Metal backups

Reasonably quickly, your seed backup should be transferred onto a more durable medium. Stamping them in metal has become a popular solution. Solid metal plates survive high temperature fires and do not corrode if submerged in water (if the right metal is chosen).

Different companies sell solutions and there’s also a possibility to stamp the seeds yourself using 24 stainless steel washers on a bolt.

Memory backups

Seed phrases were designed to be commited to memory. They can be learned quickly within a week or two. Doing so is optional and has pros and cons. An obvious pro is redundancy, because you will be able to recover coins from a seed phrase without access to your hardware device or your seed backup. On the con side, you are opening up yourself to a new attack vector using memory backups in case you find yourself in a situation where you are being extorted. No seed in memory mean extortion becomes less a factor.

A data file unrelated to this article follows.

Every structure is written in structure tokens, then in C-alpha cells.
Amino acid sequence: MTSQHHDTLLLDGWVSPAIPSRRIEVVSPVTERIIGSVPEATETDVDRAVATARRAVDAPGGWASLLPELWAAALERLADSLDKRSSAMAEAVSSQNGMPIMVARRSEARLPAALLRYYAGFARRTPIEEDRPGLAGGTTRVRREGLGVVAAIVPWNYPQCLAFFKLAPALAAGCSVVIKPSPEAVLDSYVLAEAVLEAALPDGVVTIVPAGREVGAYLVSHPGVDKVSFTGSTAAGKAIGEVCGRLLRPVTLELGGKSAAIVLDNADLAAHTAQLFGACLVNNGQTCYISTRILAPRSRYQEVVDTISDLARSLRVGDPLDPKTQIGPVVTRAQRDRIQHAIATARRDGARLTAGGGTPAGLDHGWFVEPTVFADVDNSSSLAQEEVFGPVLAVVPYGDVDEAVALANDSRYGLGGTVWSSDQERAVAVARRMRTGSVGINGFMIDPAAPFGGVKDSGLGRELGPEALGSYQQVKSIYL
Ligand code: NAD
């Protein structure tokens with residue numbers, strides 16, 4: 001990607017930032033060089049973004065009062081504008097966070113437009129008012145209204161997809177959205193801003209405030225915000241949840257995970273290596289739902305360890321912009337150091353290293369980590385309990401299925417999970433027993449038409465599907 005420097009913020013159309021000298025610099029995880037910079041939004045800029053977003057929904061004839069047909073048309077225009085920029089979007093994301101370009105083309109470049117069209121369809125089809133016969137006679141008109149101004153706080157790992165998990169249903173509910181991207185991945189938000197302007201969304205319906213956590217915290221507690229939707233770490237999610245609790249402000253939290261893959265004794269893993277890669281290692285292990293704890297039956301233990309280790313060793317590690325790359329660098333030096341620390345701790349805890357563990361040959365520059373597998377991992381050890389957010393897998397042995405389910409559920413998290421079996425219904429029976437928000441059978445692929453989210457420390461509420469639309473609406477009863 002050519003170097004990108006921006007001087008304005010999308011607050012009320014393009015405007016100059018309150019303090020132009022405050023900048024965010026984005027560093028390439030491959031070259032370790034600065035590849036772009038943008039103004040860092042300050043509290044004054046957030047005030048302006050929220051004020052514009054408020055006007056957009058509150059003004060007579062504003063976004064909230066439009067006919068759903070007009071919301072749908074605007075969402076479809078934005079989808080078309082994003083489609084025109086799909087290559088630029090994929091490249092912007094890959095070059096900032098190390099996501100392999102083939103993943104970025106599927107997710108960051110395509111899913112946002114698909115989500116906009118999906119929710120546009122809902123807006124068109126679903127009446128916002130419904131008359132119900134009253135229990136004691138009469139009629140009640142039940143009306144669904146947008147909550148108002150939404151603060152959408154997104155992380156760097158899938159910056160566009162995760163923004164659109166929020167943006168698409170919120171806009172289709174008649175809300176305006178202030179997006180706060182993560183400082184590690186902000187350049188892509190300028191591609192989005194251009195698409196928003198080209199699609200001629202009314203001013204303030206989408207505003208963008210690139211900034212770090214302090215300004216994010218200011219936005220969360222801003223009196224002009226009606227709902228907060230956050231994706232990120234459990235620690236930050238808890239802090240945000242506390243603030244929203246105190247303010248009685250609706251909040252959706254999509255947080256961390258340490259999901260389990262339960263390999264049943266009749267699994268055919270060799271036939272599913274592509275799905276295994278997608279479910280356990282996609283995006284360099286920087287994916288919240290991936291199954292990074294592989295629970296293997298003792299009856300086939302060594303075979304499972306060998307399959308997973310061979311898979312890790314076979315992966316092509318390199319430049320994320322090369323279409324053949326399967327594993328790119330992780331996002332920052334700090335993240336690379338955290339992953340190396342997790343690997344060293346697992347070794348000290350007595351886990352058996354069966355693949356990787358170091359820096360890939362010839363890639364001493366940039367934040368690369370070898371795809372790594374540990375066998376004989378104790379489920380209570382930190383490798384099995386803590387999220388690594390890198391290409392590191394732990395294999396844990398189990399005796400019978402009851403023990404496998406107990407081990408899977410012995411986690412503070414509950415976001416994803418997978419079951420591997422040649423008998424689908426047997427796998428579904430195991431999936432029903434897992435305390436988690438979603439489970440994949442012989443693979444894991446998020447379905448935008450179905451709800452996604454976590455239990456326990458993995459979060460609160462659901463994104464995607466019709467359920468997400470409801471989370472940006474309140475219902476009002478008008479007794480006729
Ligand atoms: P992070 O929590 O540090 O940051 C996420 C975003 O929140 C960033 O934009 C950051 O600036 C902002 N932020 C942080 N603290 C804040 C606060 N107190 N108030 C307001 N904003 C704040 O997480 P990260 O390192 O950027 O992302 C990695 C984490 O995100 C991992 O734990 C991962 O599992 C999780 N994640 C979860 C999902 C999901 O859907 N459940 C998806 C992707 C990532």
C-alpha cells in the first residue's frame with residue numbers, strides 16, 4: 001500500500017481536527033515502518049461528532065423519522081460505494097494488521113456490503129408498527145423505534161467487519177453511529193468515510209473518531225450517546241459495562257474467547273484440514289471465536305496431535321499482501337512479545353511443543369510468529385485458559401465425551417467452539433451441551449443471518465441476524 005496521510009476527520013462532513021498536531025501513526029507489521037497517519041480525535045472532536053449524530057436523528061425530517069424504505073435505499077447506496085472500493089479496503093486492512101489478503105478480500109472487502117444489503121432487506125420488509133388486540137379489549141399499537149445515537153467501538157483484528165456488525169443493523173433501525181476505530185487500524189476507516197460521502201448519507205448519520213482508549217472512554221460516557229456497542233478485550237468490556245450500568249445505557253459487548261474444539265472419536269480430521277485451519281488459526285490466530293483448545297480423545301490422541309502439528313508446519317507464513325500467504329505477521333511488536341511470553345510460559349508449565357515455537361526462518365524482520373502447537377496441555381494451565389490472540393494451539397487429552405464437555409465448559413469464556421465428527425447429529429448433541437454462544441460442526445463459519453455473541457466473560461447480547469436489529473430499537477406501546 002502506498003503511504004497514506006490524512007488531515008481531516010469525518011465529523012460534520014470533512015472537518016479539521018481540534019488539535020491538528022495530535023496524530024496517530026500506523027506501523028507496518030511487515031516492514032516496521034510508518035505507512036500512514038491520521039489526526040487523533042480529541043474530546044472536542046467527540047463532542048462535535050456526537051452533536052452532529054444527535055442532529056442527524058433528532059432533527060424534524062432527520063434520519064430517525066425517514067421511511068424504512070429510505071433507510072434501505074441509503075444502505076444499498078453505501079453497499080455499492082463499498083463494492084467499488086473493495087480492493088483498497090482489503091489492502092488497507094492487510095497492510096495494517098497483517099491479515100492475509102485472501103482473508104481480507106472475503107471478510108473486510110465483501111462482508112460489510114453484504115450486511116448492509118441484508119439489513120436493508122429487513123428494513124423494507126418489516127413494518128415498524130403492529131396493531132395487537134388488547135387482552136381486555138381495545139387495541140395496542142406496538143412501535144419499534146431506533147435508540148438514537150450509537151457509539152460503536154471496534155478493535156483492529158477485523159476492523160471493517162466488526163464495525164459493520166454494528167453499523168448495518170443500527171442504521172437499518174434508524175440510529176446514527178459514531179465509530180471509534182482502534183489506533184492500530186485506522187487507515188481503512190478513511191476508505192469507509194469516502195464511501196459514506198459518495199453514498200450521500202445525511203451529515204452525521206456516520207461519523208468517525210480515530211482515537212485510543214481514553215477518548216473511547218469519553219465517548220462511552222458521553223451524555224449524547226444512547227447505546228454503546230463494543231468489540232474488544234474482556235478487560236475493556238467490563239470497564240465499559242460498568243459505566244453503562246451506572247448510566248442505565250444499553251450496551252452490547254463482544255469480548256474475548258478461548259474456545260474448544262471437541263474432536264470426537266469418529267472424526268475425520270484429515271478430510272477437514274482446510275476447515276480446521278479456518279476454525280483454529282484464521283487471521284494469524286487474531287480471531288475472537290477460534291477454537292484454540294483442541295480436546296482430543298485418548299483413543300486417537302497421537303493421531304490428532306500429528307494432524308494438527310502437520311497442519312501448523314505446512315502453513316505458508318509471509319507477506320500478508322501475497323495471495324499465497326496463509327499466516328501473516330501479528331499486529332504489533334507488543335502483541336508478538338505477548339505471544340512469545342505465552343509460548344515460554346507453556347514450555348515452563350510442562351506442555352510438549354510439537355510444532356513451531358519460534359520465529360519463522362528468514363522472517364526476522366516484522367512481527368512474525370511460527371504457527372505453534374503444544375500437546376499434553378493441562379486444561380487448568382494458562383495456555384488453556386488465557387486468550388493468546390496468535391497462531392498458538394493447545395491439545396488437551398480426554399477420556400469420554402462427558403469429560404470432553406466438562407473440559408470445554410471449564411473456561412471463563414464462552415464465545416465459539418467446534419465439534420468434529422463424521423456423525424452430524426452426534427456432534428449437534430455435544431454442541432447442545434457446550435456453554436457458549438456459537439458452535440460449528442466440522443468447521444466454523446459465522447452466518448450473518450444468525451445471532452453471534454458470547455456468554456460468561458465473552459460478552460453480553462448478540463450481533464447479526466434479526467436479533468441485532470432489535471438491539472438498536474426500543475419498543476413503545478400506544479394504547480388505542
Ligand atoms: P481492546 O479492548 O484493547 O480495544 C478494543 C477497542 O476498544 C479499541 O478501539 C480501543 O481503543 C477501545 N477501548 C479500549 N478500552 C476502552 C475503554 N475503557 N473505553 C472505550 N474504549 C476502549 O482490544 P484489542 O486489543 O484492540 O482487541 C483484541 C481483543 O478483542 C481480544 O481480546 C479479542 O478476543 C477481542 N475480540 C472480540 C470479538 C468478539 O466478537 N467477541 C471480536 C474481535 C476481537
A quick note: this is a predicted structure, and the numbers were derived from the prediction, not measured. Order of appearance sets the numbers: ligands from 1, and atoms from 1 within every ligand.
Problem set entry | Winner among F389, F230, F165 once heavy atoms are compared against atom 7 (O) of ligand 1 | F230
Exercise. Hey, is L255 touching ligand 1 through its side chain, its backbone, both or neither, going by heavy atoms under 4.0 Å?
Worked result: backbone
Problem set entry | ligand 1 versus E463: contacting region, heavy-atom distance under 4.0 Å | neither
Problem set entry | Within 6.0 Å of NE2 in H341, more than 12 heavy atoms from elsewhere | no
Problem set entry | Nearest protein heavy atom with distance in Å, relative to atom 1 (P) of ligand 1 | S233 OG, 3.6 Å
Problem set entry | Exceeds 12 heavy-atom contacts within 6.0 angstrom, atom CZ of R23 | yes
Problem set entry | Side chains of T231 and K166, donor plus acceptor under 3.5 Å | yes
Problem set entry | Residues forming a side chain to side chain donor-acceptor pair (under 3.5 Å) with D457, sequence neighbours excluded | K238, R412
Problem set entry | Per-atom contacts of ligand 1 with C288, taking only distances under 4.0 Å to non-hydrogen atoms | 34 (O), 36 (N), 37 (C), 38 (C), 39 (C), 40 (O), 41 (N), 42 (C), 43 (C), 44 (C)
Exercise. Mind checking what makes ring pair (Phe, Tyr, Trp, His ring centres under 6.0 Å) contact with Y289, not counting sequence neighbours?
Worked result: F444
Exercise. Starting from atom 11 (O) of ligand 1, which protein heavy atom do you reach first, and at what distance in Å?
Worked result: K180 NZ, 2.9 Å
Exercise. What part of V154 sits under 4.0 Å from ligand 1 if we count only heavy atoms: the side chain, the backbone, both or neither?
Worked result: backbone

Finally, human memory is fragile, and a seed could be forgotten, which can result in loss of funds if the memory was the only backup available. Therefore, you should not rely on memory backups alone.

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This website is for entertainment purposes and education only and should not be considered investment advice, because I am no licensed investment advisor and I have not considered your personal situation as a fiduciary. What you read here are my opinions only and my opinions can be wrong. Do you research and consult a professional.